Subrogation is the substitution of one person or group by another in respect of a debt or insurance claim, accompanied by the transfer of any associated rights and duties. It is a well established rule in Philippine Law. In the case PAN MALAYAN INSURANCE CORPORATION, petitioner, vs. COURT OF APPEALS, et. al.1, the court enumerated the recognized exceptions to the rule of subrogation to wit:
"There are a few recognized exceptions to this rule. For instance, if the assured by his own act releases the wrongdoer or third party liable for the loss or damage, from liability, the insurer's right of subrogation is defeated [Phoenix Ins. Co. of Brooklyn v. Erie & Western Transport, Co., 117 US 312, 29 L. Ed. 873 (1886); Insurance Company of North America v. Elgin, Joliet & Eastern Railway Co., 229 F 2d 705 (1956)]. Similarly, where the insurer pays the assured the value of the lost goods without notifying the carrier who has in good faith settled the assured's claim for loss, the settlement is binding on both the assured and the insurer, and the latter cannot bring an action against the carrier on his right of subrogation [McCarthy v. Barber Steamship Lines, Inc., 45 Phil. 488 (1923)]. And where the insurer pays the assured for a loss which is not a risk covered by the policy, thereby effecting "voluntary payment", the former has no right of subrogation against the third party liable for the loss [Sveriges Angfartygs Assurans Forening v. Qua Chee Gan, G.R. No. L-22146, September 5, 1967, 21 SCRA 12]."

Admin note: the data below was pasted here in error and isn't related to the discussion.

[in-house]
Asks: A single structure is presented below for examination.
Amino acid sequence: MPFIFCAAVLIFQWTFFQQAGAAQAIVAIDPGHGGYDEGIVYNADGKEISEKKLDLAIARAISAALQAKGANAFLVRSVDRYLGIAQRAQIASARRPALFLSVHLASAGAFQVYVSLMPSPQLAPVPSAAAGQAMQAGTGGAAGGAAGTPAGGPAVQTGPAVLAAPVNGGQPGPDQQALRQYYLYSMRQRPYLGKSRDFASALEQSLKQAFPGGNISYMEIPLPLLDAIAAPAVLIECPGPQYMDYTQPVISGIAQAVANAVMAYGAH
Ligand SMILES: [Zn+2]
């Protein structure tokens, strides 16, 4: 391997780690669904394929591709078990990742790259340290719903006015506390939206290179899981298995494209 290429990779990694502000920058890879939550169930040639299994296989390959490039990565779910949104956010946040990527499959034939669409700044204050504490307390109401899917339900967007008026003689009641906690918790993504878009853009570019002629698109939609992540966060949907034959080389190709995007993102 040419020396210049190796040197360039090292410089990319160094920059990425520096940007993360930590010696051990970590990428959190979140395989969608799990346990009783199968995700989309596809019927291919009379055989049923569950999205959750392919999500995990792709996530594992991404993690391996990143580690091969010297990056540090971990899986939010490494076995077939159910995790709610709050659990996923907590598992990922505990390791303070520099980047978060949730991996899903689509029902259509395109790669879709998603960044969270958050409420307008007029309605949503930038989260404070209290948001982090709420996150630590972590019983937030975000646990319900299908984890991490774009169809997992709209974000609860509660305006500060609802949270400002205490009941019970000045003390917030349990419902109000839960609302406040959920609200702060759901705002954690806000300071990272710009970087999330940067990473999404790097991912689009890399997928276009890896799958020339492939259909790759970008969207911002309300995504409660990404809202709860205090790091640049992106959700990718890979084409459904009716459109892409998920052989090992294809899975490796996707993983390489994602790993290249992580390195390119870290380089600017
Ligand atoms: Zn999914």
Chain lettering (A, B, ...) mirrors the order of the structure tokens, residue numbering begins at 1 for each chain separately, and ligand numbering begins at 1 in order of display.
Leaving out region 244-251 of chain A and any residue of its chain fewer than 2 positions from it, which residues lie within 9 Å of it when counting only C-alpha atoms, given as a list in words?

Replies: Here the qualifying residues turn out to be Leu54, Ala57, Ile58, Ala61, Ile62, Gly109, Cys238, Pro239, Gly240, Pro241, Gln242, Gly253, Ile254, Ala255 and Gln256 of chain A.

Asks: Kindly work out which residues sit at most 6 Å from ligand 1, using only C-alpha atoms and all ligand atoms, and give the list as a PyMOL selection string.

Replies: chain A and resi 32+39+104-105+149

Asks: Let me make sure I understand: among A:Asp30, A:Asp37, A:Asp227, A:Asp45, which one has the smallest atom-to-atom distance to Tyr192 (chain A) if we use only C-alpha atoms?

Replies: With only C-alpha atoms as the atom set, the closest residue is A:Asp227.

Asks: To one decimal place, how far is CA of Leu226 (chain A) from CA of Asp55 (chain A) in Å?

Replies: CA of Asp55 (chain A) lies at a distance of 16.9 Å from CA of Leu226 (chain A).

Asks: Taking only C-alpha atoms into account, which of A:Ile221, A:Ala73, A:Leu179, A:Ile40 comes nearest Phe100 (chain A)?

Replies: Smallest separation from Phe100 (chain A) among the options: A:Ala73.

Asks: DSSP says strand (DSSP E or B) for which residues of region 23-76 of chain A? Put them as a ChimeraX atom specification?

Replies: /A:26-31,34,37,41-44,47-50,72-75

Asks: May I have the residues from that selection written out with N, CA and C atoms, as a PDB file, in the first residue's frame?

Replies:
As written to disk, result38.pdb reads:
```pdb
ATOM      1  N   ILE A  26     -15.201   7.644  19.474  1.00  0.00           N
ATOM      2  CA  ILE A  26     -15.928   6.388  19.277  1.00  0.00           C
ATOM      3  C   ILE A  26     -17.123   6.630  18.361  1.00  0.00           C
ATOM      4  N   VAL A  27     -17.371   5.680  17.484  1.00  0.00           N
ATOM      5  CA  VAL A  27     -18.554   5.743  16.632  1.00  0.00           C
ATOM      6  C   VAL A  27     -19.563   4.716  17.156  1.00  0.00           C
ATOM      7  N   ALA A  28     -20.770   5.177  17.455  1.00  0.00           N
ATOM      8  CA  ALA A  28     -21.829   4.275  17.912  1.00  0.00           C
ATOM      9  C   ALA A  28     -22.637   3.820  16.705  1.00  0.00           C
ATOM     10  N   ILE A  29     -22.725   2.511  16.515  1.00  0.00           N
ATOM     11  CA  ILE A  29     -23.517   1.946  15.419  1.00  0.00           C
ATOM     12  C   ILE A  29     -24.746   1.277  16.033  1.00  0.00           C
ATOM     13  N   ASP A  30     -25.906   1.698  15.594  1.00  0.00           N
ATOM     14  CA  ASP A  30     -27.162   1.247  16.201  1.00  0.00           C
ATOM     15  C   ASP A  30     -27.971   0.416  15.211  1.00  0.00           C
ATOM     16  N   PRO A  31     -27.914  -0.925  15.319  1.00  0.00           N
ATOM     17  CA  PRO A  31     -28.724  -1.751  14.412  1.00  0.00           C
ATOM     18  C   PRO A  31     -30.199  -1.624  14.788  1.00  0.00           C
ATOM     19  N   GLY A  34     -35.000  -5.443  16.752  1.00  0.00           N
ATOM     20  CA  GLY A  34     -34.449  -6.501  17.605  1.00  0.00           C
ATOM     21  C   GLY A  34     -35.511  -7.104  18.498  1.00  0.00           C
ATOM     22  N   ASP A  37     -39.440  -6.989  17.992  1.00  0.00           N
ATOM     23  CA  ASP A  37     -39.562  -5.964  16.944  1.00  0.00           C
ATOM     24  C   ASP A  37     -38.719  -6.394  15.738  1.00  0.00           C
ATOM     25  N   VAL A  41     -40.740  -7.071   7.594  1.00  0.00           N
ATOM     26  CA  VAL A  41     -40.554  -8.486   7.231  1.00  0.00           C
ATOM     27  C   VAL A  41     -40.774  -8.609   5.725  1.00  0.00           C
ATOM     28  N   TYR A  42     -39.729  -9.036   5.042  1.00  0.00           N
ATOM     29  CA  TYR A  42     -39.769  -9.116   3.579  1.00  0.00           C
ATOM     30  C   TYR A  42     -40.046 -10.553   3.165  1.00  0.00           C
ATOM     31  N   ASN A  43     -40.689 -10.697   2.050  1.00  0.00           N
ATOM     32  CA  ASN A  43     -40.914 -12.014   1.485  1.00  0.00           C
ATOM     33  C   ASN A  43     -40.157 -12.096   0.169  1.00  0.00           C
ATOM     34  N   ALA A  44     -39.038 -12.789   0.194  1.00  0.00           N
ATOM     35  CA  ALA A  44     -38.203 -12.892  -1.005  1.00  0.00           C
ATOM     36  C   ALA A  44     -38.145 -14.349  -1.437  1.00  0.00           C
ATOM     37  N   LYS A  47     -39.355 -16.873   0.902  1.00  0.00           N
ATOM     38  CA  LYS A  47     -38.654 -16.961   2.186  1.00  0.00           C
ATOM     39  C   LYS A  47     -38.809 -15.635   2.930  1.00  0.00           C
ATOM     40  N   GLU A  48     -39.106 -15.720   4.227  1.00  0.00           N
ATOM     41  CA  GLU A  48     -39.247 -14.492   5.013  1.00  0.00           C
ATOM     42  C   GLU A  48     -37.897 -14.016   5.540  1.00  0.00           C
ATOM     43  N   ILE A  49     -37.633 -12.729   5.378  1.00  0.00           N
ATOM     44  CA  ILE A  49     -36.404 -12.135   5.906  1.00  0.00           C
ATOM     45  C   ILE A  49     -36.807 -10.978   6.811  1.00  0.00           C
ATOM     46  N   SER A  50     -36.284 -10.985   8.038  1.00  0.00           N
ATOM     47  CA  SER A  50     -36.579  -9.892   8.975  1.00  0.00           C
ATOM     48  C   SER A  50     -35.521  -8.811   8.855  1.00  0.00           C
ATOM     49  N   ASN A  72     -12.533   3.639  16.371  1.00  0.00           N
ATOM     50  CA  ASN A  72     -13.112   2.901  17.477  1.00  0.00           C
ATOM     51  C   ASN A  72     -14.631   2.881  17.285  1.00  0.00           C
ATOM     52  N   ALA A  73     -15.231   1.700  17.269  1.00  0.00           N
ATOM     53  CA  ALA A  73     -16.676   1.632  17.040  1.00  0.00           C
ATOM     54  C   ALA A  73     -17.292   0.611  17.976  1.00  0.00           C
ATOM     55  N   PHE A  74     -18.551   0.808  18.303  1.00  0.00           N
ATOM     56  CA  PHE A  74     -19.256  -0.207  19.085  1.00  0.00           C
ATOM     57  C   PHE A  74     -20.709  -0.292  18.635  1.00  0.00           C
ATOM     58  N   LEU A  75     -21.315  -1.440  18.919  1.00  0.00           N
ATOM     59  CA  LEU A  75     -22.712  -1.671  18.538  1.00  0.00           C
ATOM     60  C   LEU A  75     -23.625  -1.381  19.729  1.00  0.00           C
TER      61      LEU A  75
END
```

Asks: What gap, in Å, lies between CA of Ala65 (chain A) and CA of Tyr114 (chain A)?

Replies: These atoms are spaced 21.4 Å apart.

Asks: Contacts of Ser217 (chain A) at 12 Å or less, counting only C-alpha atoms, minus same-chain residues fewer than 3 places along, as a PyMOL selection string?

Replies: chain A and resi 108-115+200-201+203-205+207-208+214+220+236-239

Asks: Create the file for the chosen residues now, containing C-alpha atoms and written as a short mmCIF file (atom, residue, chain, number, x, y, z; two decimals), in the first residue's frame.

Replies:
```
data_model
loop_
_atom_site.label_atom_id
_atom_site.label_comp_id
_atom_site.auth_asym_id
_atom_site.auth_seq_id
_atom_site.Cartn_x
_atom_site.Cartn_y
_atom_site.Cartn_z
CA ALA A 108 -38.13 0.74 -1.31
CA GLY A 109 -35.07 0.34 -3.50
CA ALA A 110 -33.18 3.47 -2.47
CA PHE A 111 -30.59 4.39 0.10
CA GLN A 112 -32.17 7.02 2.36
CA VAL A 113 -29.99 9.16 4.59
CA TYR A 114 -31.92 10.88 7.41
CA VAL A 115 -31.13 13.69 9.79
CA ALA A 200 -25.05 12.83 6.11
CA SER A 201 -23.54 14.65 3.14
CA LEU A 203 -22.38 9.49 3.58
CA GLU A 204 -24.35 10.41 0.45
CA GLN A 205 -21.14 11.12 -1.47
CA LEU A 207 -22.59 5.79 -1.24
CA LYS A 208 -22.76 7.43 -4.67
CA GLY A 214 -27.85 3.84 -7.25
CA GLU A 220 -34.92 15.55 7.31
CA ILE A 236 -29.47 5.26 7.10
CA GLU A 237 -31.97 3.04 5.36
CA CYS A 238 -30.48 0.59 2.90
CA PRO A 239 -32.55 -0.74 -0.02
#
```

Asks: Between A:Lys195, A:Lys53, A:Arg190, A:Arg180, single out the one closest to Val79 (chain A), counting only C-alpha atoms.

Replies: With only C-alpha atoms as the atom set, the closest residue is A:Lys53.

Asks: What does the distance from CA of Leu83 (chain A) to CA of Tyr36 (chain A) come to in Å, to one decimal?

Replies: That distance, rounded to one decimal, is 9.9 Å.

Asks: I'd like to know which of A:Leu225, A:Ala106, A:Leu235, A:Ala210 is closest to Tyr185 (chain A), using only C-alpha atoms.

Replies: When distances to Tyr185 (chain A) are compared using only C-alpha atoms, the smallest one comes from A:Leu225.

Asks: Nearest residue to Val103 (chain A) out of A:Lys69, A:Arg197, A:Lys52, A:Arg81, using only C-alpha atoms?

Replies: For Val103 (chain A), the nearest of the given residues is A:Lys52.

1 G.R. No. 81026, 1990 April 3